Radcliff Veterans Center

Radcliff Veterans Center

The opening day has been set for the new Radcliff Veterans Center.  On Feb. 15, the first three residents will arrive at what’s been designed as a showplace for skilled nursing care for those who have served our country.

Preparations for opening day are in high gear, including a job fair to be held on-site Jan. 5. The Radcliff Veterans Center already has a staff of 49 and it's growing every day. When fully staffed, the center will have 260 employees.

Israel Ray is administrator of the Radcliff Veterans Center. He says, in a way, the opening day will be a welcome home for those first three residents.

Louisville VA Medical Center

Veterans living in and around Hardin County are being asked to voice their support for a VA hospital in Radcliff.  A public meeting will be held Tuesday at 6:30 p.m. at the Colvin Community Center in Radcliff.

Radcliff Mayor and retired Army Colonel Mike Weaver argues that Hardin County would be the most easily accessible location for a new veterans medical center.  The city has offered to donate 50 acres of land for the project that would replace the aging Robley Rex VA Medical Center in Louisville.

Currently, the only approved site for the hospital is near Brownsboro Road and the Watterson Expressway in Louisville.  Weaver says the proposed Jefferson County site brings traffic and parking challenges just like the current facility.

"I'm a veteran myself and I've been using the VA medical care system for over 20 years.  I know how difficult it is to get from where I live to the VA hospital where it currently is," Weaver told WKU Public Radio.  "For instance, I have an appointment tomorrow at 8:30 a.m.  Because of traffic, I plan to leave the house at 6:00 a.m. for a 45 minute drive just so I can be on time."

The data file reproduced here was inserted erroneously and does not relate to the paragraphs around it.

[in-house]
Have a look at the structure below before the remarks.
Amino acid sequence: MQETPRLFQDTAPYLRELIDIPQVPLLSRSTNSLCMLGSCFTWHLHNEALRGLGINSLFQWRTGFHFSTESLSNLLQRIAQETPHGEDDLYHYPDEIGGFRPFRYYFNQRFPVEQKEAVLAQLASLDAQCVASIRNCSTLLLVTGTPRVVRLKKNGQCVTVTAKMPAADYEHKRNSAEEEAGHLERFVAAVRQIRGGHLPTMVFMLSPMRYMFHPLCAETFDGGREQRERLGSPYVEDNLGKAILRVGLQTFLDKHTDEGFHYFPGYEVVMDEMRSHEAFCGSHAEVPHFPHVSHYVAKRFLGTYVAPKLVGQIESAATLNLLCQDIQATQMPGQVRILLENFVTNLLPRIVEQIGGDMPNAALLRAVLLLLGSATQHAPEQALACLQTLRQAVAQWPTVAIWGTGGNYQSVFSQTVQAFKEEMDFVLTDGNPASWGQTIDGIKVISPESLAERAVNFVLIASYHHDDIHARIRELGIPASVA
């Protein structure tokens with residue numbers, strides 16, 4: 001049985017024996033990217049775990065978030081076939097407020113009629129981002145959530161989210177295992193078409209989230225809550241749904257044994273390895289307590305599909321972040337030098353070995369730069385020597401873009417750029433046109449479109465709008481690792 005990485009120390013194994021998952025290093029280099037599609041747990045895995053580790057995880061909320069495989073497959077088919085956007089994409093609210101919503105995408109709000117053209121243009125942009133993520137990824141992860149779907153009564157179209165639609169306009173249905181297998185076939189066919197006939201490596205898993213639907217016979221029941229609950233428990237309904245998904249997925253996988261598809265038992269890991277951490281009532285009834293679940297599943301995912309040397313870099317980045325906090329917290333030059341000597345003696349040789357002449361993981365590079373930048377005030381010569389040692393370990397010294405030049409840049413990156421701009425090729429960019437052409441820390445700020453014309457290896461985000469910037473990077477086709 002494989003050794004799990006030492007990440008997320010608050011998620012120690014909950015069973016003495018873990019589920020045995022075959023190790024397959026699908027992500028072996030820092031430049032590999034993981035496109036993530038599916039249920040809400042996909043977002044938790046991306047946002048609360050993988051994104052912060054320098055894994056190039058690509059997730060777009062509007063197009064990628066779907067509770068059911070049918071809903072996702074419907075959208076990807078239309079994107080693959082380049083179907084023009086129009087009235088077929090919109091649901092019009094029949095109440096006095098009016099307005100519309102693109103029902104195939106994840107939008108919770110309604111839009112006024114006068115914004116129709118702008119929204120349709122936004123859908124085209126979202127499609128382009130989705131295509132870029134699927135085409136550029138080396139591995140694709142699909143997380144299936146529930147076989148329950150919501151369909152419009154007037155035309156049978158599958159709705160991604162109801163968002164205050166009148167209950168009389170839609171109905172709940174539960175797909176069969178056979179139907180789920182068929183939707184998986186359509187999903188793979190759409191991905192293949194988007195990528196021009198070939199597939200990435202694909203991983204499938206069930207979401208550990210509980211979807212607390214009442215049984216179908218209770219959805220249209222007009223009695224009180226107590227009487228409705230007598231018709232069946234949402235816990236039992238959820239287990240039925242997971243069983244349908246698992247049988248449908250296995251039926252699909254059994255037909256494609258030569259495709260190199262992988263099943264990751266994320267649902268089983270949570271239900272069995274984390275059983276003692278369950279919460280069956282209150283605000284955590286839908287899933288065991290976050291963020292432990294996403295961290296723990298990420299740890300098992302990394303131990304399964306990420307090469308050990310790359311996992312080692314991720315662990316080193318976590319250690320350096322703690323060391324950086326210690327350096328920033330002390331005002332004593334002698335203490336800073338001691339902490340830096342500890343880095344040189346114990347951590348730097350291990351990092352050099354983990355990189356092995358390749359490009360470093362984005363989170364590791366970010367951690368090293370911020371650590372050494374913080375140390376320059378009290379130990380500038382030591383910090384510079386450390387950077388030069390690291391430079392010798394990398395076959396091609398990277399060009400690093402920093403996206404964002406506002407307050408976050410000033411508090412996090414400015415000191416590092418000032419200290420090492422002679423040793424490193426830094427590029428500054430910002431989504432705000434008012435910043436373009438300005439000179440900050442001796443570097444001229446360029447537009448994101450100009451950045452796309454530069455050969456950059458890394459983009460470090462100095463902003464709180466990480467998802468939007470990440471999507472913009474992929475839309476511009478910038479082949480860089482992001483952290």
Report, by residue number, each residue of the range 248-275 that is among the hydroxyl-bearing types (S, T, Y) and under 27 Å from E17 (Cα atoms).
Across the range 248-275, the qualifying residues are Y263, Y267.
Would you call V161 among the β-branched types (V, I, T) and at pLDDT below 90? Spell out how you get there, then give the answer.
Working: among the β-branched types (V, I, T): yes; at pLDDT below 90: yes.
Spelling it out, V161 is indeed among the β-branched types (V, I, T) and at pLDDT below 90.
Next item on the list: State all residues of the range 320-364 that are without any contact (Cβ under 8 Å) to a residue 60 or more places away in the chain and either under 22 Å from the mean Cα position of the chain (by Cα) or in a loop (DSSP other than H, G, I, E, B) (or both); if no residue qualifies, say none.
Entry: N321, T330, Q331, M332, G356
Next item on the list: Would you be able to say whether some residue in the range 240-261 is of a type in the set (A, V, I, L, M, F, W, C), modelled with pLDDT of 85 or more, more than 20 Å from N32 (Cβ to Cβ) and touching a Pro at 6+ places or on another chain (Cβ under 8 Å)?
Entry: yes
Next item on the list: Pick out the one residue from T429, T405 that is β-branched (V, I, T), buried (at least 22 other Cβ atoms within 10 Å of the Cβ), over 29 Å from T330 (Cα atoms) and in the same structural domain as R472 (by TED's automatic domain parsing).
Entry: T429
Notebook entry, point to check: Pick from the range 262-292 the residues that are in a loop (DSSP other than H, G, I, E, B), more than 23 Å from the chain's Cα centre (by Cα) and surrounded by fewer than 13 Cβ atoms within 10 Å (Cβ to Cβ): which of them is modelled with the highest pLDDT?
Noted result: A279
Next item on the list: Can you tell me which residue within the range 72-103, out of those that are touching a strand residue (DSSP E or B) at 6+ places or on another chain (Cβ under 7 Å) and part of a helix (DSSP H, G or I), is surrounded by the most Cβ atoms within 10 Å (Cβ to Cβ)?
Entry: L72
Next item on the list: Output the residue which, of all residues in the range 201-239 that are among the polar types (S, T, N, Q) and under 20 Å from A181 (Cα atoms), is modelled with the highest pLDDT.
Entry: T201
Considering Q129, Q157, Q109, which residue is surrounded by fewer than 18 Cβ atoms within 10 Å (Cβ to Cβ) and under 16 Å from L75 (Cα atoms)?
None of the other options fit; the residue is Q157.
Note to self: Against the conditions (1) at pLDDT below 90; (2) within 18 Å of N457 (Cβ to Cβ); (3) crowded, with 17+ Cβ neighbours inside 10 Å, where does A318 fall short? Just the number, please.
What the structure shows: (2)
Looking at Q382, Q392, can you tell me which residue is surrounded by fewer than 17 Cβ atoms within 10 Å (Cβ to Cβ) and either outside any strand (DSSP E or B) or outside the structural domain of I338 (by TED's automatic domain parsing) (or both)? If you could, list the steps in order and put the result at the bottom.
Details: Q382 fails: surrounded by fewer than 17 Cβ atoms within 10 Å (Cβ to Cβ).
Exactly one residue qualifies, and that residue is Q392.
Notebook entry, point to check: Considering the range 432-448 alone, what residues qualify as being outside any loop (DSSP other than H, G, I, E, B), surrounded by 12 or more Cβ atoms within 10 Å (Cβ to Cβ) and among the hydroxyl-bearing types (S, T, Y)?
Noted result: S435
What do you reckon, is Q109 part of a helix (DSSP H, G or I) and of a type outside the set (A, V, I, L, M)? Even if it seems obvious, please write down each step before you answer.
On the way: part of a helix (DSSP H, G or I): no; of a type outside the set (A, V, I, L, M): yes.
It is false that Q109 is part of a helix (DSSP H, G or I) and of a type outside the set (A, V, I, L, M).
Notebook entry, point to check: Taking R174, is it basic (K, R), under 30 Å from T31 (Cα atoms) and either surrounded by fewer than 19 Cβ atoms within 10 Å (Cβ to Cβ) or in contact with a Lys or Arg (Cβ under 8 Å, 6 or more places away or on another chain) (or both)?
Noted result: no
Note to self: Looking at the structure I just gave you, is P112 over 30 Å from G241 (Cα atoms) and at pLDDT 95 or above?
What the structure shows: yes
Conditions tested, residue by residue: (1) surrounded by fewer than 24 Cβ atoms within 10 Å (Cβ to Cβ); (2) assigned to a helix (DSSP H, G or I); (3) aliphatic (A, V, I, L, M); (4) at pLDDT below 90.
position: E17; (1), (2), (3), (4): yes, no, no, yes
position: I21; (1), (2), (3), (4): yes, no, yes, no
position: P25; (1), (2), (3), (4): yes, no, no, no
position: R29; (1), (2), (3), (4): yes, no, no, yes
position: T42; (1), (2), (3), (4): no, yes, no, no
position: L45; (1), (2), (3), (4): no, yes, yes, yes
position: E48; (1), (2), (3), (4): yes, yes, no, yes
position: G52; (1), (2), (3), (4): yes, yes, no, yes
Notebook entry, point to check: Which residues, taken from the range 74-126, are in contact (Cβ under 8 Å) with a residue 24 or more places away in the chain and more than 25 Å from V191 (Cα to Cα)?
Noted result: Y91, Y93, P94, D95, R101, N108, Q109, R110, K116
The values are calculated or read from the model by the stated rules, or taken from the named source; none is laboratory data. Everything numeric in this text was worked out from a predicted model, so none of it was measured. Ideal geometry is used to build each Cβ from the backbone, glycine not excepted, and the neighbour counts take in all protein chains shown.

A VA spokesperson said last week that plans are proceeding for the Louisville site and no other locations are being considered. 

The public comment period runs until January 11.  The VA will review the comments before issuing a final version of an impact study.

Rhonda J Miller

A Kentucky barn dance-style program for military veterans with Post Traumatic Stress Disorder and Traumatic Brain Injury has been approved for a research study at a Connecticut university.

Deborah Denenfeld is a dance educator and leader who launched "Dancing Well: The Soldier Project" five years ago at Fort Knox, and since then has held sessions in Louisville. She said data collectors will survey the veterans on non-medical factors that play an important role in their daily lives.

“We’re going to be looking at measures of optimism and hope, feelings of connectedness, trauma symptoms, and how much people avoid participating in events and projects that have been meaningful to them in the past,” said Denenfeld, who is executive director of Dancing Well.

Louisville VA Medical Center

An offer by the city of Radcliff to donate 50 acres of land for a new Veterans Affairs medical center has apparently been rejected. 

Radcliff Mayor and retired Army Colonel Mike Weaver made a pitch to the VA last week in hopes of snagging the $1 billion veterans medical center that’s expected to bring with it nearly 2,000 jobs. Weaver offered 50 acres in Millpond Business Center off Kentucky Route 313 that already has utilities in place and direct access to Interstate 65.

However, the VA already has plans to replace the aging Robley Rex Medical Center in Louisville with a new complex in the city on Brownsboro Road off the Watterson Expressway. 

The News-Enterprise reports a VA spokesperson said plans are proceeding for the Brownsboro Road site and no other locations are being considered.

Louisville Mayor Greg Fischer and some residents have expressed environmental and traffic concerns about the Jefferson County site.

The VA has published an Environmental Impact Statement on the project, which you can read here. The public comment period runs through Jan. 11. 

Radcliff Veterans Center

The new Radcliff Veterans Center that’s promising to be a national showplace for skilled nursing care is staffing up for its July opening.

Six members of the executive team are already working and the next phase of hiring was launched Feb. 22.

Administrator Israel Ray says five new leadership positions are posted.

“The director of nursing, which is called the nurse executive. And staff development, which will be listed as a registered nurse. The director of dining services. Our activities director and our housekeeping supervisor,” says Ray.

The veterans center is also looking for a medical director.

Construction is progressing at the new center, which is located on 192 park-like acres donated by Fort Knox.